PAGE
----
WASHINGTON — The attempt to move industrial hemp legalization through the Senate as part of the farm bill is running into stiff resistance from law enforcement, threatening to derail the effort.
Hemp is a non-psychoactive relative of marijuana that is banned for its familial association. Hemp products are legal to import and sell in the United States, but the plant cannot be grown without a license from the Drug Enforcement Administration — which, unsurprisingly, the agency rarely grants.
Legalizing hemp crops has the backing of two Kentucky Republicans, Senate Minority Leader Mitch McConnell and tea party favorite Sen. Rand Paul, and two Oregon Democrats, Sens. Ron Wyden and Jeff Merkley. McConnell, taking the tactical lead, has been pressing either to simply insert the hemp language into the underlying farm bill or to specifically add it through a voice vote (rather than a recorded vote), according to multiple people involved in the negotiations. The Senate will return to debate on the farm bill Thursday morning.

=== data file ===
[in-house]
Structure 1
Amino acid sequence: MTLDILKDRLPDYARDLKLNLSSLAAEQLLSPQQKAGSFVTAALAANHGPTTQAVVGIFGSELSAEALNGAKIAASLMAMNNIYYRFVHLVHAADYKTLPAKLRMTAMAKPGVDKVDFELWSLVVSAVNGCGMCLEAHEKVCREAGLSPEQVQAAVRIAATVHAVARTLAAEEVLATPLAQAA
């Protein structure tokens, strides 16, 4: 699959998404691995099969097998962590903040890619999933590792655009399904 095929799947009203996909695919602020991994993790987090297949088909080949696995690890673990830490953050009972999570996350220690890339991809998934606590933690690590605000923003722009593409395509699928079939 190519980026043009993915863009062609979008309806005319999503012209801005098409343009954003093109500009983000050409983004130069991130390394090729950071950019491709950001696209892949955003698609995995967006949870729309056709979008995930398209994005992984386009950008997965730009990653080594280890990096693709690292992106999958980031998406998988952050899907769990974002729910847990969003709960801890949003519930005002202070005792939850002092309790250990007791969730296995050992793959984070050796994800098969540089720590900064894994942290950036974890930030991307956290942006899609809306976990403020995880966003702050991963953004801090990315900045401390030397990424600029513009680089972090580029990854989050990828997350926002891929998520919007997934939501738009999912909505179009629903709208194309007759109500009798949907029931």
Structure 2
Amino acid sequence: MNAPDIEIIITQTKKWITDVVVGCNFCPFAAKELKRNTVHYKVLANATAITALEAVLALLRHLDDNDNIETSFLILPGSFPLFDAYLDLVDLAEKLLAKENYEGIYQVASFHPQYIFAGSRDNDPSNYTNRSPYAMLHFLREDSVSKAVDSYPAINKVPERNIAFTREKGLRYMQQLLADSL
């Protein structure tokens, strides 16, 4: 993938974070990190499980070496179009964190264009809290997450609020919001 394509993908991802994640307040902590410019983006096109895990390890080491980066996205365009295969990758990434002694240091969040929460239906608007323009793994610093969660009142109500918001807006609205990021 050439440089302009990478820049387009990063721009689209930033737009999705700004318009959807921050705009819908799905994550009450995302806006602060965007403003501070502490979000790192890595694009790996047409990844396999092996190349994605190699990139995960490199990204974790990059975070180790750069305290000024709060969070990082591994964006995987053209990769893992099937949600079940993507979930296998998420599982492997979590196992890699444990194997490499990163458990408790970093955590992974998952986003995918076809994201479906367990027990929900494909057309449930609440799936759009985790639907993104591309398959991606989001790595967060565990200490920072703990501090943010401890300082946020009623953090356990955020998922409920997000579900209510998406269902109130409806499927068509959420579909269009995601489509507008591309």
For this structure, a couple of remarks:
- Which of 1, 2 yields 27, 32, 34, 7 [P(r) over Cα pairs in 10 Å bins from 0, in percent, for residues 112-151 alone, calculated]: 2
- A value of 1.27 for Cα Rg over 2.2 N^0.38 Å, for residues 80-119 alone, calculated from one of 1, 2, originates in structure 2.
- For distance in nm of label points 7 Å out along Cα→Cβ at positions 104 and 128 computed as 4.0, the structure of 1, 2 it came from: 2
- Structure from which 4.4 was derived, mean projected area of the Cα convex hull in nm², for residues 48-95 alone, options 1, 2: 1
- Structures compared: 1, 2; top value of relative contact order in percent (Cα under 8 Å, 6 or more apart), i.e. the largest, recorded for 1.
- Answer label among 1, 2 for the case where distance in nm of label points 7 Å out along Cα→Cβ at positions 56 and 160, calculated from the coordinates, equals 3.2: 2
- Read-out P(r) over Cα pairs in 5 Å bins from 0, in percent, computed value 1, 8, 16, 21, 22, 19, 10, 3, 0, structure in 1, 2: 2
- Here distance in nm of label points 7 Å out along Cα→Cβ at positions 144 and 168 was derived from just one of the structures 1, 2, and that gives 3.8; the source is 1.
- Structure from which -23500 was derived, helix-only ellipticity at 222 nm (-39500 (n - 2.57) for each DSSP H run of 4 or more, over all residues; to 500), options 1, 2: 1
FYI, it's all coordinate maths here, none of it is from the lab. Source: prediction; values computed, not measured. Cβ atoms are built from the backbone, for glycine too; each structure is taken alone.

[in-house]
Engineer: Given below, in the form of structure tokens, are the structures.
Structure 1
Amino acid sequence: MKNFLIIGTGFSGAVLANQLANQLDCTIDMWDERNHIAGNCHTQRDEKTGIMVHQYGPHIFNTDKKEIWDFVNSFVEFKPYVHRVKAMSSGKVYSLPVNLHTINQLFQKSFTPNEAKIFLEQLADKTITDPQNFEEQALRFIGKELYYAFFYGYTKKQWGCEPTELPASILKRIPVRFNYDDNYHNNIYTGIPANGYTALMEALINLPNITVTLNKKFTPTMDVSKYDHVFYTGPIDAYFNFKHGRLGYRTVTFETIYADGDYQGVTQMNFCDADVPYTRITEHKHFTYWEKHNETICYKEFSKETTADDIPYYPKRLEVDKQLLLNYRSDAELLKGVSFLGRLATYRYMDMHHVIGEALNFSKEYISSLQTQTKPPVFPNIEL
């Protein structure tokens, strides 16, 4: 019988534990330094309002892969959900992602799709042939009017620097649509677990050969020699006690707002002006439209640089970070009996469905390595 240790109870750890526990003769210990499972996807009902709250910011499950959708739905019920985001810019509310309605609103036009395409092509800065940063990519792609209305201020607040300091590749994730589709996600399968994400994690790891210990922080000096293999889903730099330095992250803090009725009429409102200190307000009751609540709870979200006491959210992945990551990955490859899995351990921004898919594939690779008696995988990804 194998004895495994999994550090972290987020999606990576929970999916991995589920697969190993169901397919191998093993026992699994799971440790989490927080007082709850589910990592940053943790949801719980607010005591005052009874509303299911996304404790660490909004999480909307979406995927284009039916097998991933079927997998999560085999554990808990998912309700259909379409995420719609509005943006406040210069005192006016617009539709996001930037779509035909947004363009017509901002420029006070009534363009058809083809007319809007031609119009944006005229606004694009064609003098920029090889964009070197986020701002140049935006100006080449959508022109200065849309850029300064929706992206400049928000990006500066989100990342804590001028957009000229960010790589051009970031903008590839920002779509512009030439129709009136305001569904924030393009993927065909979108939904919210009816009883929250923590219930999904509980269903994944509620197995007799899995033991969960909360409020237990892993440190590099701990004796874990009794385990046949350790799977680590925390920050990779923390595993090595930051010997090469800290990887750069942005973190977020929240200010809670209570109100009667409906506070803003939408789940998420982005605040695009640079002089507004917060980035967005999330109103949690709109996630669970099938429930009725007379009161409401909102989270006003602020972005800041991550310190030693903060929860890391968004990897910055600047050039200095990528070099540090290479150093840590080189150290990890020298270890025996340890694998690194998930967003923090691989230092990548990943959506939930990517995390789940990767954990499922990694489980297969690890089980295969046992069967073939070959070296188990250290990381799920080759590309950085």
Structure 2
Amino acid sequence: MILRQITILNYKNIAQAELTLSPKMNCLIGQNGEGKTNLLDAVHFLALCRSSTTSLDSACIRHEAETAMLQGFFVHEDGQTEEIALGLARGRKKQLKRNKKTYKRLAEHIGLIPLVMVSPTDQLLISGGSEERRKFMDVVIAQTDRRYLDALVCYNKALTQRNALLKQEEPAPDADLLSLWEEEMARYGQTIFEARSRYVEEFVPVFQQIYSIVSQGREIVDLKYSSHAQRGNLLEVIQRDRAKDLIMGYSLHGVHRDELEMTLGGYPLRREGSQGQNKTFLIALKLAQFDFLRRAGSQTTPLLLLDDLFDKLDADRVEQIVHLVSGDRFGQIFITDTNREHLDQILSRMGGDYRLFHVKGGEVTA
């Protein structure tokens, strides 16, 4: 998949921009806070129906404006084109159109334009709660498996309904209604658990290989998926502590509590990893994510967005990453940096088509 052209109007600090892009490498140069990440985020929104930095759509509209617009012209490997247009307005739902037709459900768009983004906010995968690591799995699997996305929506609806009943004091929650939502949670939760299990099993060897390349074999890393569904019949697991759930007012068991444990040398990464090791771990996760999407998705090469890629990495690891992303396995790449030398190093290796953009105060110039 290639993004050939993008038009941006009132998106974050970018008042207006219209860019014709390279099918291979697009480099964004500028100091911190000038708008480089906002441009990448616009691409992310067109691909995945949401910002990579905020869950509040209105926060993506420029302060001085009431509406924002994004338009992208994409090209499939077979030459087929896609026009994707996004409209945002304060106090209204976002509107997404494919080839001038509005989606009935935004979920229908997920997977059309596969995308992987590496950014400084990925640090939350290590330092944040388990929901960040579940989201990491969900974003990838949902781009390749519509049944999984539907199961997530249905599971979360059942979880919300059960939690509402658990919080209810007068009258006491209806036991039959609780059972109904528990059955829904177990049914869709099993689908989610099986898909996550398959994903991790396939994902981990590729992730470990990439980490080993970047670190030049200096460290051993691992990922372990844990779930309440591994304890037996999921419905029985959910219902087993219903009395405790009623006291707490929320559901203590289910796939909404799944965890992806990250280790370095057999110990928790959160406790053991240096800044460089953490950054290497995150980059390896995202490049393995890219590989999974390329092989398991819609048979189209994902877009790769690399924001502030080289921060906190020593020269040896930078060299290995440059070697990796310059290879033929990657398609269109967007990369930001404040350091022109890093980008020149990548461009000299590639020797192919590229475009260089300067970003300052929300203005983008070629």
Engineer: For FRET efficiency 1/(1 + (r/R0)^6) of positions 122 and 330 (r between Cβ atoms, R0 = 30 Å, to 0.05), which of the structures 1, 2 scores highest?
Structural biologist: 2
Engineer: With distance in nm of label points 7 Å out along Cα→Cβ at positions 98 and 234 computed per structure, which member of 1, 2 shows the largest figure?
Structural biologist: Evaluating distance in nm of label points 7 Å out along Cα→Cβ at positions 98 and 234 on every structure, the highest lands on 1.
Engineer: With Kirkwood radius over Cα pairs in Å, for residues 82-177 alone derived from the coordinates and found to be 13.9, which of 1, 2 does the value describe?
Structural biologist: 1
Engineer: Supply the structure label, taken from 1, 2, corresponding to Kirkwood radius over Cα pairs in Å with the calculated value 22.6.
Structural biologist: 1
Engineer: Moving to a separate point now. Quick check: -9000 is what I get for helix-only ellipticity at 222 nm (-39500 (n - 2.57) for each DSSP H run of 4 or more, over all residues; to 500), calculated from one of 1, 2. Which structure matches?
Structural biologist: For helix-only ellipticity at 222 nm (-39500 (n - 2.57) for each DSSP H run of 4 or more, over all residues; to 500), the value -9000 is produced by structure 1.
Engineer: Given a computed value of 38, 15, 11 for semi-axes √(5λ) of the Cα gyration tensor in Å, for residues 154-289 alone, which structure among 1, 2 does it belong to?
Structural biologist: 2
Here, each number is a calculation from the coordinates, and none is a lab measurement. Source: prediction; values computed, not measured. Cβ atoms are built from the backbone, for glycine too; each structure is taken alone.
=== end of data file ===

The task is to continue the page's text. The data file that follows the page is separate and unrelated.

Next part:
The purpose of a voice vote would be twofold: First, it would give senators a low-profile way to support an issue still perceived as controversial and strongly opposed by police and prosecutors. “Law enforcement is very opposed,” said one top Democratic aide, explaining the reluctance to hold a floor vote.
Second, because there has not been a hemp vote in modern memory, supporters are uncertain that they have the 60 votes needed to meet the threshold for farm bill amendments.
A voice vote would also require unanimous consent, which means that a single senator could object and force a roll call. On Tuesday, Sen. Mike Johanns (R-Neb.) told HuffPost that he was a longtime hemp opponent. “I just have concerns about legalizing hemp production, and so I’ve never been a supporter of it,” he said, citing “law enforcement concern.” Johanns is retiring after the 2014 elections.
Senate Majority Leader Harry Reid (D-Nev.), according to three Senate aides involved with negotiations, told McConnell he would be willing to allow hemp to come up for a vote as a farm bill amendment. McConnell declined, saying that he wanted it either made part of the base bill or added as a voice vote.